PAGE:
A new US study has found that there is a significant association between public transport use and reductions in Body Mass Index over time.
The researchers did an initial “before” telephone survey of residents living within one mile of a proposed new light rail line in Charlotte NC. They followed up with an “after” telephone survey 6-8 months after the new line opened.
There are some major methodological limitations with the study. Respondents self-reported their weight. The initial sample of 839 fell to 498 respondents in the follow-up phase. Only 26 respondents used the new line to commute on a daily basis.
Nevertheless, I have no difficulty with the proposition that those who choose to commute by transit are likely to be thinner than those who choose to drive to work. After all, transit requires the expenditure of more calories on walking and standing than driving does.
But in my view, the key issue is to what extent better health outcomes – and in this context specifically weight reduction – should shape transport policy. In order to look at that issue it is essential to understand what’s driving the “obesity epidemic” in Australia.
As I’ve pointed out before, the main culprit isn’t exercise but what goes in our mouths. You have to walk the dog for an hour and a half, or cycle for an hour, to burn off the calories in just one Big Mac.
This article by Deirdre Macken in last weekend’s AFR notes that Australia’s obesity problem began in the 1980s. She documents some interesting stats on our food supply:
- The first McDonalds opened in Australia in 1971, and by 1980 there were 105 restaurants and 228 by 1990
- By 1988, Australia had 1100 fast food outlets and the fast food market was growing at 20% p.a.
- Sales of pre-prepared foods in supermarkets doubled from 1982 to 1992
- It wasn’t just McDonalds that super-sized food. Muffins ballooned to three times their traditional size, family packs became common, bread was sliced thicker, the most popular size of chip packets doubled, and soft drink bottles went from 200 ml in the 1960s to 375 ml, and, later, 600 ml.
While what we eat is the key problem, activity levels have nevertheless fallen across-the-board – and not just in commuting. We certainly drive more, but we also spend more hours sitting in front of the TV and more hours in front of the computer.
The vast majority of us operate our electronic gear, air-conditioning, heating and garage doors with remote controls. We spend less effort on preparing our food – pre-packaged food is heated in microwave ovens and much of the time we eat out anyway. Gardens are watered automatically and pools are filtered automatically.
Most jobs are now in the service economy and many are performed from a seat. Farmers harvest from air-conditioned cabs. Loads are lifted and moved with forklifts. Chippies use nail guns and powered screwdrivers. Gardeners use whippersnippers and powered leaf blowers.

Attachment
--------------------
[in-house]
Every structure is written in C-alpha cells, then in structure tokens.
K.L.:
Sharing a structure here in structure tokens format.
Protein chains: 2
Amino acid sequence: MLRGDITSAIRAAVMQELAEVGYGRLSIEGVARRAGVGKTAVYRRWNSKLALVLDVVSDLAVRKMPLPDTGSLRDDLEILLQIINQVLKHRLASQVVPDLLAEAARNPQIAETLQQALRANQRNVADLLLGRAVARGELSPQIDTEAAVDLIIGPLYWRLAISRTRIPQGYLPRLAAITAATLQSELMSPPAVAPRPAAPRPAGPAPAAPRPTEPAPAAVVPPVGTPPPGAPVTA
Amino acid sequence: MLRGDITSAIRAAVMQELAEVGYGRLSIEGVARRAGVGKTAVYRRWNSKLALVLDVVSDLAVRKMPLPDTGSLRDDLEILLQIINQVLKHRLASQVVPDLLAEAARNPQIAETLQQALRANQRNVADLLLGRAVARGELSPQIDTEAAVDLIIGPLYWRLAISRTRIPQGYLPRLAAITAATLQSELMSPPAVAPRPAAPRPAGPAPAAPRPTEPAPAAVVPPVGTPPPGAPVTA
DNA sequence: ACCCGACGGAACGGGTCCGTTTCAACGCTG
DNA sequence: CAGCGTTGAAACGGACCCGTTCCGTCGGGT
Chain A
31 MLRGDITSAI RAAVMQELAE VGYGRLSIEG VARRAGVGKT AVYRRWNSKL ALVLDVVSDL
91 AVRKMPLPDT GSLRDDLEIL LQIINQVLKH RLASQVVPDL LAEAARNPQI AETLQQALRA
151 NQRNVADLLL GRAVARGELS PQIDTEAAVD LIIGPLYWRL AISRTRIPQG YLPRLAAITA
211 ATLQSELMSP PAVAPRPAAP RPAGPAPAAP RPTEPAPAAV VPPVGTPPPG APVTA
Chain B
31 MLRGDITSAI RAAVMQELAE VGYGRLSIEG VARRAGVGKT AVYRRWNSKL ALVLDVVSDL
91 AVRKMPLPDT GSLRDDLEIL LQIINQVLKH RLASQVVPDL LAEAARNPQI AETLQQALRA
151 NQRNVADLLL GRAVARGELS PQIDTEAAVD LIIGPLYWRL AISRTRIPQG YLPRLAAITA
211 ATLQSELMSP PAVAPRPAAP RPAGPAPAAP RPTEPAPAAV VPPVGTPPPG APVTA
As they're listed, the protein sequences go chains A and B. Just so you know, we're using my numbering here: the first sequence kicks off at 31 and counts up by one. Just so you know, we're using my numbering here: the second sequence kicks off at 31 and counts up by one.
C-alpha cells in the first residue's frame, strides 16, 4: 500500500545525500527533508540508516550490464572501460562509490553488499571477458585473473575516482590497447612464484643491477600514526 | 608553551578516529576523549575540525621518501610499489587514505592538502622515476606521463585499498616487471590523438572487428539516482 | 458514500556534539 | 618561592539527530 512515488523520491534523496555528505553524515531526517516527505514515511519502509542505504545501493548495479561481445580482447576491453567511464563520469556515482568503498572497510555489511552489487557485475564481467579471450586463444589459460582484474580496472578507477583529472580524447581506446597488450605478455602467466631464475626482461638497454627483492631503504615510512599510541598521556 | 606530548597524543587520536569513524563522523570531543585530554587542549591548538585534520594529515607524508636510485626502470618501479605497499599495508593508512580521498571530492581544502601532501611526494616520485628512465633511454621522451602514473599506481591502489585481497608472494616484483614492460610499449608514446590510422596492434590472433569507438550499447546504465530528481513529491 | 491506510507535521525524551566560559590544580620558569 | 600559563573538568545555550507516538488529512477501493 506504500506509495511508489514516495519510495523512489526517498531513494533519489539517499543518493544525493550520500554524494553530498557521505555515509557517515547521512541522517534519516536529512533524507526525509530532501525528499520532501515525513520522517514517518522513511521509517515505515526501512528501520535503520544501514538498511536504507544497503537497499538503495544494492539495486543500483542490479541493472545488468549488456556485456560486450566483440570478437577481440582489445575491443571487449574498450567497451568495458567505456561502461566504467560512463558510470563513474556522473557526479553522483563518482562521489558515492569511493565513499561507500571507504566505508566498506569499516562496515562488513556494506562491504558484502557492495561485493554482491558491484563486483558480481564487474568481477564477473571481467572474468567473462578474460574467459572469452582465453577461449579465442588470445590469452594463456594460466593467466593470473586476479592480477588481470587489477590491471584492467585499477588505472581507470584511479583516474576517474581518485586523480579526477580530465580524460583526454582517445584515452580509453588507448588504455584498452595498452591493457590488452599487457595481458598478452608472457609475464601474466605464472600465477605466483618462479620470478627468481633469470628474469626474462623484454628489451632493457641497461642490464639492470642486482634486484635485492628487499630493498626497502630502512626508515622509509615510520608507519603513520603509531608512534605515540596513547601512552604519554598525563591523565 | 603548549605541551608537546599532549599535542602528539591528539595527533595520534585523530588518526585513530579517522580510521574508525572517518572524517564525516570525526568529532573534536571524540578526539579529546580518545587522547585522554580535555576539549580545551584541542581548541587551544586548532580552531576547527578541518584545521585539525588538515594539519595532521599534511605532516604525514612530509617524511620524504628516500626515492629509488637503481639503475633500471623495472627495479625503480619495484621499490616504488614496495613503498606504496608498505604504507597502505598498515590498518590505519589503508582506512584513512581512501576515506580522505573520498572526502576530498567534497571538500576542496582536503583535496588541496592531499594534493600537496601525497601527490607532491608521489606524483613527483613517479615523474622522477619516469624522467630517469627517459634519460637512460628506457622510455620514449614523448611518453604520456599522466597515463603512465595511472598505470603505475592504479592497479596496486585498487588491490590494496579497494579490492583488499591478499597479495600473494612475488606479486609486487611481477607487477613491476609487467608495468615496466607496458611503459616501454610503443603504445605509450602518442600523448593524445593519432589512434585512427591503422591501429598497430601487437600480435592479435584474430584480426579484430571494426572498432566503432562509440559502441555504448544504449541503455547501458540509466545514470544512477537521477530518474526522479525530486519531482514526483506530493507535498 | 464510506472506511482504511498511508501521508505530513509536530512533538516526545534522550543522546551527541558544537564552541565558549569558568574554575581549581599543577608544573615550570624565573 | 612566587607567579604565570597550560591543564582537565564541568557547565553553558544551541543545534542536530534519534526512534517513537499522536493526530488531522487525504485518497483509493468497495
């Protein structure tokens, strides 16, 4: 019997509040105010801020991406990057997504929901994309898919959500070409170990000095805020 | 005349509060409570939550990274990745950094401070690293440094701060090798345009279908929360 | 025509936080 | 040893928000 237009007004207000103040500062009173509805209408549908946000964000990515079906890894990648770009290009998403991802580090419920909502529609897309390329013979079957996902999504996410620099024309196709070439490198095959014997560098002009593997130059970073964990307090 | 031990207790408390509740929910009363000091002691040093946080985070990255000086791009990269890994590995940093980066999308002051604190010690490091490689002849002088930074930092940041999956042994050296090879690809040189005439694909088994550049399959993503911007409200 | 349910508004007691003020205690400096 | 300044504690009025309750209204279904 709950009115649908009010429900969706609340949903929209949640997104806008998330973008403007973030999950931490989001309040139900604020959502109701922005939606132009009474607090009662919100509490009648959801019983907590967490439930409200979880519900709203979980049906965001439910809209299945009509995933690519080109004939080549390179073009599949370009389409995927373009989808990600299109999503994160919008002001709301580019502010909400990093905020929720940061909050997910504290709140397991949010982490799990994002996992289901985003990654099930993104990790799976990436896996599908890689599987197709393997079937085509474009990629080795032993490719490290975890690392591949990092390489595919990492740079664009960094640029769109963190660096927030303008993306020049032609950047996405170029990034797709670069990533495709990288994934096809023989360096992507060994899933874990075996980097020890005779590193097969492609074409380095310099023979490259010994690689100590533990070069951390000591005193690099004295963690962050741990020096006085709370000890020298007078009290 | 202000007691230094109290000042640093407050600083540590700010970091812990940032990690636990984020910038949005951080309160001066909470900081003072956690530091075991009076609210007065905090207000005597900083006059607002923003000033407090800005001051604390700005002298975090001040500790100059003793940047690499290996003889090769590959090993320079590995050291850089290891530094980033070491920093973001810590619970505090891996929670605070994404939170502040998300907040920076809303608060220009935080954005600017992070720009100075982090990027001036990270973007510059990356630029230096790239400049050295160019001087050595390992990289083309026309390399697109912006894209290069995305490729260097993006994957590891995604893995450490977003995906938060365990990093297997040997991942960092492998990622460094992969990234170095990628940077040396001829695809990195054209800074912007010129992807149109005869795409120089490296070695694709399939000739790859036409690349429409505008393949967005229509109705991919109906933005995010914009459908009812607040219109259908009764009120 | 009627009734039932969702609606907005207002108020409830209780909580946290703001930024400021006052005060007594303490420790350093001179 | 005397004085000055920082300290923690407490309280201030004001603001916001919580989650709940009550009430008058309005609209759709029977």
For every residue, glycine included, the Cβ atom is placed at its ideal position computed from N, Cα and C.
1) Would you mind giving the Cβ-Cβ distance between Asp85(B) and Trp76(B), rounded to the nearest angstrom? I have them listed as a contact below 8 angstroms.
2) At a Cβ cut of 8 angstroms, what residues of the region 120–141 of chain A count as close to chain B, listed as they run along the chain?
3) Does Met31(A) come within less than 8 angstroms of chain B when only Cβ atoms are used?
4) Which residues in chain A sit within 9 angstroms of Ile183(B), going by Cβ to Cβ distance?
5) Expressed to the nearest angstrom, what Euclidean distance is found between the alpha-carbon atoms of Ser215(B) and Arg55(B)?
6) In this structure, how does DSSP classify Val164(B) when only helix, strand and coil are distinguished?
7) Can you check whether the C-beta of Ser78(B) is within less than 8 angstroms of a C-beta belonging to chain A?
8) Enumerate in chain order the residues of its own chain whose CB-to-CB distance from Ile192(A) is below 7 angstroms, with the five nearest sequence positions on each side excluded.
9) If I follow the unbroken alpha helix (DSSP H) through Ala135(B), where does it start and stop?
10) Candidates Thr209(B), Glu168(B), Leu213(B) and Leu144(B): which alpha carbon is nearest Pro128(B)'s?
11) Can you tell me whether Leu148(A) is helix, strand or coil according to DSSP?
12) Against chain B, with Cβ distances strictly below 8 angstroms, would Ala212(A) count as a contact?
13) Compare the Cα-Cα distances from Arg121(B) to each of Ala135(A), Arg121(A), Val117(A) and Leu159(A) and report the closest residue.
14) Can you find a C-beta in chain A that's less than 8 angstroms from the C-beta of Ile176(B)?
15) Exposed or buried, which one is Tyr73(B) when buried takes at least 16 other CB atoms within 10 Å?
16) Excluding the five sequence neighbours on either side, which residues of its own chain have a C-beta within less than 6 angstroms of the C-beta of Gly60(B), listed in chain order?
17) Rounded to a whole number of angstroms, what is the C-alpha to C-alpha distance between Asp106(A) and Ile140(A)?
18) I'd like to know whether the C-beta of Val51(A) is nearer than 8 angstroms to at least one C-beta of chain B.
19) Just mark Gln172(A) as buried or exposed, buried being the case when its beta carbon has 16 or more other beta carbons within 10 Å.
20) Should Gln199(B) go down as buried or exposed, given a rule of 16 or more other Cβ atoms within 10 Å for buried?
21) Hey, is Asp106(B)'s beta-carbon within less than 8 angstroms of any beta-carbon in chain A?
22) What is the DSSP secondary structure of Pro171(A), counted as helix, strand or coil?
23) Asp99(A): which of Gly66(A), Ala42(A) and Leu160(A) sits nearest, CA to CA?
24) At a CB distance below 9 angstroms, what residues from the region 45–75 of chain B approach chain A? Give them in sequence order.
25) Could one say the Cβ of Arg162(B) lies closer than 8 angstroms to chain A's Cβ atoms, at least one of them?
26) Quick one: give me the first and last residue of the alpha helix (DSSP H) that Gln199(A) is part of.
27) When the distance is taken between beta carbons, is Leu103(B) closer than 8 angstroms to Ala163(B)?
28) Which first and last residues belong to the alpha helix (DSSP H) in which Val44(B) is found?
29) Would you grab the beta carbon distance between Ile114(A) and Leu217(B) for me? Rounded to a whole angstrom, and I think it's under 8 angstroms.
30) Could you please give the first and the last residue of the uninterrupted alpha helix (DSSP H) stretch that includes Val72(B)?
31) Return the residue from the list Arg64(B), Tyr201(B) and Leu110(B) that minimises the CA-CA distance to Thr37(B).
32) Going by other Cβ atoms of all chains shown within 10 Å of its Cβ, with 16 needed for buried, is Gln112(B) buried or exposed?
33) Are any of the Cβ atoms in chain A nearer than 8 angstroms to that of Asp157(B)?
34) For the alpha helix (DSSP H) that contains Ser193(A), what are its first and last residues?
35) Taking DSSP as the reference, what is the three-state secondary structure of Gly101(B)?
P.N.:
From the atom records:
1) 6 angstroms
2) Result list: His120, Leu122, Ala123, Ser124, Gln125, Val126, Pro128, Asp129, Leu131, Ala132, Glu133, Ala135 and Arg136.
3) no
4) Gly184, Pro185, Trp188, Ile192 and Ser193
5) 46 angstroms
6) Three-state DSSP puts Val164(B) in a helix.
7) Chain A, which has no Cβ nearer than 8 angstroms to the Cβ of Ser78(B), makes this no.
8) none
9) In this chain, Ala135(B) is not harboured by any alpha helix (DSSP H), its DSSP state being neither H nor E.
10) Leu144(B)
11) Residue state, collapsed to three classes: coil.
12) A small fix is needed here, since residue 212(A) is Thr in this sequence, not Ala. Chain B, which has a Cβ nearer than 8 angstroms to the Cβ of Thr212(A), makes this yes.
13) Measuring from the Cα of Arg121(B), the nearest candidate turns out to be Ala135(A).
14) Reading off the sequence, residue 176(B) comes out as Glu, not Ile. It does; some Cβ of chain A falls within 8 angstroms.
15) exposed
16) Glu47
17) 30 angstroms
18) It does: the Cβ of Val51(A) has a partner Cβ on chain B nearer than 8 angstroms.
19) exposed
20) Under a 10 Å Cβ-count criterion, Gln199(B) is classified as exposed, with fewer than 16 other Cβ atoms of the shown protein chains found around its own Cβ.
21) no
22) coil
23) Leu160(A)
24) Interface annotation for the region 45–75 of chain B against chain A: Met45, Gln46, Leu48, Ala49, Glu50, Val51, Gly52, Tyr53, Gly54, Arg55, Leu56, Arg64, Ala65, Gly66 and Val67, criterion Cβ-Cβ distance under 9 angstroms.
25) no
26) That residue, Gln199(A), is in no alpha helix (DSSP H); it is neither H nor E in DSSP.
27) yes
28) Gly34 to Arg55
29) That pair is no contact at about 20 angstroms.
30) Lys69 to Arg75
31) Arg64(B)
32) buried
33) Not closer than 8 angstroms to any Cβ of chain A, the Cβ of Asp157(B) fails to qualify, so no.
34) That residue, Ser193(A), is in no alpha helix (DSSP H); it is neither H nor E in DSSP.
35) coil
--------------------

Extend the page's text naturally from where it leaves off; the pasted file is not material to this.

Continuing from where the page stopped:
The underlying causes of these changes include rising incomes, marketing, technological advances, feminisation of the workforce and ageing of the baby boomer cohort. My theory is that all those smokers who quit the habit and consequently gained weight are somewhere in the mix too.
It’s true that walking to the rail station will burn up more calories. So will using a push mower instead of a motor mower, taking the stairs at work rather than the lift, putting the garage door on manual, or throwing away every remote control in the house. And that’s before considering the most proximate cause – what goes in our mouths.
What should be clear from the foregoing is that the obesity epidemic isn’t something that should be sheeted home to transport or urban form. They’re implicated, but they’re only a part of the deeper problem. The obesity epidemic isn’t going to be solved by higher public transport use or denser suburbs.
In fact my suspicion is that the sorts of people who currently use transit are the sorts of people who, on average, are more likely to eat carefully and be active, anyway. I’ve argued much the same before in relation to the link between density and obesity.
If transit use were increased dramatically, (say) to a 30% share of all travel, it may be that the aggregate health benefits could start to disappear. New users from different demographics to those of current users might get no benefit from transit, perhaps because it would take time away from other healthy activities, or because they would continue bad eating habits, or because they would drive to the station.
By all means add health to the various impacts considered when developing transport policy and evaluating projects, but get its importance right first. It needs to be recognised that there are cheaper and more direct ways of tackling obesity. We also need much better information on the relationship between health and transport. I expect when looked at across the whole population, the health benefits are going to be pretty small compared to other criteria like time savings and environmental impact.
We should also be careful what we wish for. Where the health benefits of (say) walking to transit stops are included in the calculus, it will also be reasonable to count the social costs of time lost in commuting e.g. time away from family or from activities that build social capital. Public transport commutes in Melbourne, for example, are almost twice as long as car commutes, largely because of the time involved in walking to stops.